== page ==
Then there’s the rock shox. They’ve been woeful from the word go. They’ve always leaked and while I haven’t replaced them and they still offer some shock absorbtion – as has already been said so often about these forks – they could have been so much better.

So, if you found one of these bikes cheaply and in good condition would I recommend it? Absolutely! I think it’s best purpose, and it’s original one, is as a cross country mountain bike. buy some good new forks, install v-brakes front and rear and you’ve got a cross country bike that is light, fast and reliable. I’d also recommend the shorter stem and riser as they make the riding position a little more upright. Do these things and you’d have a cross country monster that would take you anywhere. Throw on Town and Country Continental tyres, connect a bob trailer and pack light – hasta luego, signor!

I think my trusty Trek mountain bike, after carrying me over hill and down dale, through hell and high-water is now probably going to serve as a family work horse. It is spectacularly too awesome for this role, but this new chapter of it’s life will only add to my long love affair with the bike that just keeps excelling at every ride and situation I throw at it.

So with that now settled in my mind, my thoughts are turning toward a bike for myself. So when would I actually be riding without my family in tow?

Terribly selfish Functions:
1/ Country touring is always something I’d like to think is just around the corner for me, and is definitely something I’d like a new bike to do. It’s not necessarily something I would always do on my own, but it’s a function that would be central to a ‘complete’ bicycle package. The Trek could do it, has done it, and I would love to put more Km’s on the Trek to add to our history,  but I believe I could, given my other required functions listed below, come up with a more suitable geometry. Any bike that you can tour on will almost certainly be able to handle a kids seat and trailer anyway.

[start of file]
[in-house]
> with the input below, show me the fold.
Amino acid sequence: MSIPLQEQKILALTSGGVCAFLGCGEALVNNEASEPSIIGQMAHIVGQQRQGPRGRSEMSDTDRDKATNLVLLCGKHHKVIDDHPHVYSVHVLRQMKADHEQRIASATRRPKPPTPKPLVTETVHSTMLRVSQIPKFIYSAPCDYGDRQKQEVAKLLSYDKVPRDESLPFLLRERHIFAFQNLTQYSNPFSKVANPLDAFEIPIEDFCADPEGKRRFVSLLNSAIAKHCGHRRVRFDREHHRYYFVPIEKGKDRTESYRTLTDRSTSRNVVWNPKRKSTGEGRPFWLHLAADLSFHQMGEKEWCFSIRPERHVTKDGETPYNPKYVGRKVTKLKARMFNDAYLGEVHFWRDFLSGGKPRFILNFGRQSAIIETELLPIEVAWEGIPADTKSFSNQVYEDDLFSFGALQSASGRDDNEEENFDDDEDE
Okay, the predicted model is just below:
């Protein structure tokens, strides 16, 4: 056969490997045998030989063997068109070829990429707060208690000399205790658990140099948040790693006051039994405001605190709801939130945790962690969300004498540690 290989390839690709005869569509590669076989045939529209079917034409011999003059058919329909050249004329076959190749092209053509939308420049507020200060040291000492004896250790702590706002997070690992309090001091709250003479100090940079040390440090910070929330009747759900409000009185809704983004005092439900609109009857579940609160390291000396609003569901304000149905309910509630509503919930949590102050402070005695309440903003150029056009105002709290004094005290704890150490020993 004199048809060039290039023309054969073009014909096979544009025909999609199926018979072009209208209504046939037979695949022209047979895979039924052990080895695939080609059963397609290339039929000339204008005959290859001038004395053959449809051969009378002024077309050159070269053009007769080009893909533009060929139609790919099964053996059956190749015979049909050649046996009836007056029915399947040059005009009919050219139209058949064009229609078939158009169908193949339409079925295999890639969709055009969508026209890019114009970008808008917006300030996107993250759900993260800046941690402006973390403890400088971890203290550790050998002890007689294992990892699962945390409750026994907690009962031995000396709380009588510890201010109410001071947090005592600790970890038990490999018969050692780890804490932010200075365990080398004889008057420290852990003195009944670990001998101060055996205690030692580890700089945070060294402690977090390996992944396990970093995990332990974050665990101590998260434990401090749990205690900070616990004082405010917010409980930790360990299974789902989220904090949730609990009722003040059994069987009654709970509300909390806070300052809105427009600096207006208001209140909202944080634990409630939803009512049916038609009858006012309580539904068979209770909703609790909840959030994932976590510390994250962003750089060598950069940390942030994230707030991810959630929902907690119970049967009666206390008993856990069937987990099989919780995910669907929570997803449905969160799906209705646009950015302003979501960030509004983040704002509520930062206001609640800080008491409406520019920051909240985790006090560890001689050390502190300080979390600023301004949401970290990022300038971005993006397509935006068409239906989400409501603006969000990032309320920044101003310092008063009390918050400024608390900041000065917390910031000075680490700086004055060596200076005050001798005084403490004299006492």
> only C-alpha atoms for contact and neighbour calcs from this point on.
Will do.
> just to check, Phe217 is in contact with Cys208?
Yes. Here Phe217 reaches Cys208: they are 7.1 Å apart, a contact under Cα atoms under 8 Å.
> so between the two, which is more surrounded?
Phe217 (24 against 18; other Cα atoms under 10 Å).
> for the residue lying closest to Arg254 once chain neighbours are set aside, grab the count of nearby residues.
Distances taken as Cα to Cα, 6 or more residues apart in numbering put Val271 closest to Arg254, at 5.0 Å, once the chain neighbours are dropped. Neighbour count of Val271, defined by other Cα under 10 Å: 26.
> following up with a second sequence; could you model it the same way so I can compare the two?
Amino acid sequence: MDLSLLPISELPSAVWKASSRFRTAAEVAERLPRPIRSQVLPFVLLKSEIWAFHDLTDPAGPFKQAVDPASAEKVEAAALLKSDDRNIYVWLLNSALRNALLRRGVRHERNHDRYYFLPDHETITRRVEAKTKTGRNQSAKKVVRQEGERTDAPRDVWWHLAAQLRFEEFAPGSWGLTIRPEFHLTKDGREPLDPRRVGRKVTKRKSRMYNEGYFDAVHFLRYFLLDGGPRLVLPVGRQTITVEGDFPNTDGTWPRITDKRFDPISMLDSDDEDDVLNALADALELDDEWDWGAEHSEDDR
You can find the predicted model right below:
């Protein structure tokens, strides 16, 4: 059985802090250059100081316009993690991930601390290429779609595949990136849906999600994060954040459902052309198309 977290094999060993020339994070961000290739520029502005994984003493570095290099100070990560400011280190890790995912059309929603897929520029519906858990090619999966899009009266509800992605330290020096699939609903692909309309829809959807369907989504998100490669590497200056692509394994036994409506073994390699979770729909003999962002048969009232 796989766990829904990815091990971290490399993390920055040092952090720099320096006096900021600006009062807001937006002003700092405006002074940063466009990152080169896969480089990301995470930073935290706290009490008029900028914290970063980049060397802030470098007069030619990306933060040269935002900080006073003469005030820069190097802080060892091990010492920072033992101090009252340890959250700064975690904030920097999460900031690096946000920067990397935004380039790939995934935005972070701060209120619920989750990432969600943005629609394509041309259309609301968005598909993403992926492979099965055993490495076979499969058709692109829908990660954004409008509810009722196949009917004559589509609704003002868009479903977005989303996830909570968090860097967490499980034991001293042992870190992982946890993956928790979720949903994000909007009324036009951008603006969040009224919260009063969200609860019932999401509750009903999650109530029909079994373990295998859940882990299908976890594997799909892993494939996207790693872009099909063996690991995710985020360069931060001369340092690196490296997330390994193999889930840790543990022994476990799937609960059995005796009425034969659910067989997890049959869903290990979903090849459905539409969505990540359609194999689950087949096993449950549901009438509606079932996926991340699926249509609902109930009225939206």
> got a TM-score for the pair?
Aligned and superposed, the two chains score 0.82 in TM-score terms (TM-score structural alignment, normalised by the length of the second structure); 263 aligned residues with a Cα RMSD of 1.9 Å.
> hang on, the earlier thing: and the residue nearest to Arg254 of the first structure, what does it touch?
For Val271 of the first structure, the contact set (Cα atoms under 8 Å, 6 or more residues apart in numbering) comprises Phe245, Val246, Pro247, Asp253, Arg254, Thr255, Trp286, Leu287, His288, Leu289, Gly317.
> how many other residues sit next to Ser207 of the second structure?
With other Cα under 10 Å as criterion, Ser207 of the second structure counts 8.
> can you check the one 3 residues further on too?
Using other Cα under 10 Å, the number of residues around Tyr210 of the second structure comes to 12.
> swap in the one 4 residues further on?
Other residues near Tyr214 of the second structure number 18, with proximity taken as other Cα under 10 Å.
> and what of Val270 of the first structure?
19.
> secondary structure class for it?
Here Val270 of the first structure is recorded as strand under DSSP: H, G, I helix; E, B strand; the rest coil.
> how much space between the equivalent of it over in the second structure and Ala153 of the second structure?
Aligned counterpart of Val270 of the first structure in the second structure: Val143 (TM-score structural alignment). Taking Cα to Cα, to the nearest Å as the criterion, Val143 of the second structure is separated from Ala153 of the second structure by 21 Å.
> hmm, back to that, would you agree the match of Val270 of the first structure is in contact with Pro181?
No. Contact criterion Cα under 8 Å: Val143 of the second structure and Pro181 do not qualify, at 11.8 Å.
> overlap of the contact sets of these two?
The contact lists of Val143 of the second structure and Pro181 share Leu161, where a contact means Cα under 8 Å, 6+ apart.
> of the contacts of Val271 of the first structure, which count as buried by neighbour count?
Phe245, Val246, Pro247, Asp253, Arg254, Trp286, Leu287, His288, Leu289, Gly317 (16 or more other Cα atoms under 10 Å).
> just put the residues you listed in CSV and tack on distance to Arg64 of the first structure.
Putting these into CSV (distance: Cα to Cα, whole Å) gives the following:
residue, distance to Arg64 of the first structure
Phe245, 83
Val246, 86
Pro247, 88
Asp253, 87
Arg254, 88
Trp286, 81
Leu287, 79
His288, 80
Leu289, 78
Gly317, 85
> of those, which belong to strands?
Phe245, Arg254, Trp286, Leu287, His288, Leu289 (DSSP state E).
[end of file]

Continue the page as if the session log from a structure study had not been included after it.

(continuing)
2/ Commuting is something I do alone, and reasonably regularly on a bicycle. I could happily undertake this on almost any machine that offers some reliability. So while this may not be a defining feature, reliability is of course a major requirement. Having a couple of bicycles actually means I can ride different machines depending on my current whim – which is a nice and very privileged option.

3/ Morning constitutional rides either for a quick coffee, or with a mate or two as a regular Saturday morning jaunt would be great. I would probably be riding with ‘real’ road bikes, but that’s not necessarily what I am after. Essentially I would need something light enough, and efficient enough to keep up. In my mind there’s no such thing as a fast bike – It’s like having a fast shoe.

4/ Fire trails and off road day trips aren’t out of the question, and so while not a primary consideration I’d like the bike to be capable in that regard. I’ve loaded up  city bikes’, ridden them out of town and flexed the bejesus out of them in the process. My experiences gave me a certain amount of faith in the ability of a good quality steel bike frame to take carry loads over bitumen, gravel and dirt roads.

5/ I am shallow and aesthetics are a consideration. Often a minimal ‘form follows function’ approach leads to aesthetic outcomes in my opinion – so while I’ll be looking for a clean, light bike – I have some bike gear fetishes I may also need to satisfy. As I already own the greatest mountain bike ever made, I don’t need another one and am thinking of something more refined. I certainly like the look of older bicycles – but how functional are they? The Polyvalent frame from Velo Orange looks great and I think would fit the bill – but I’m not convinced at this stage.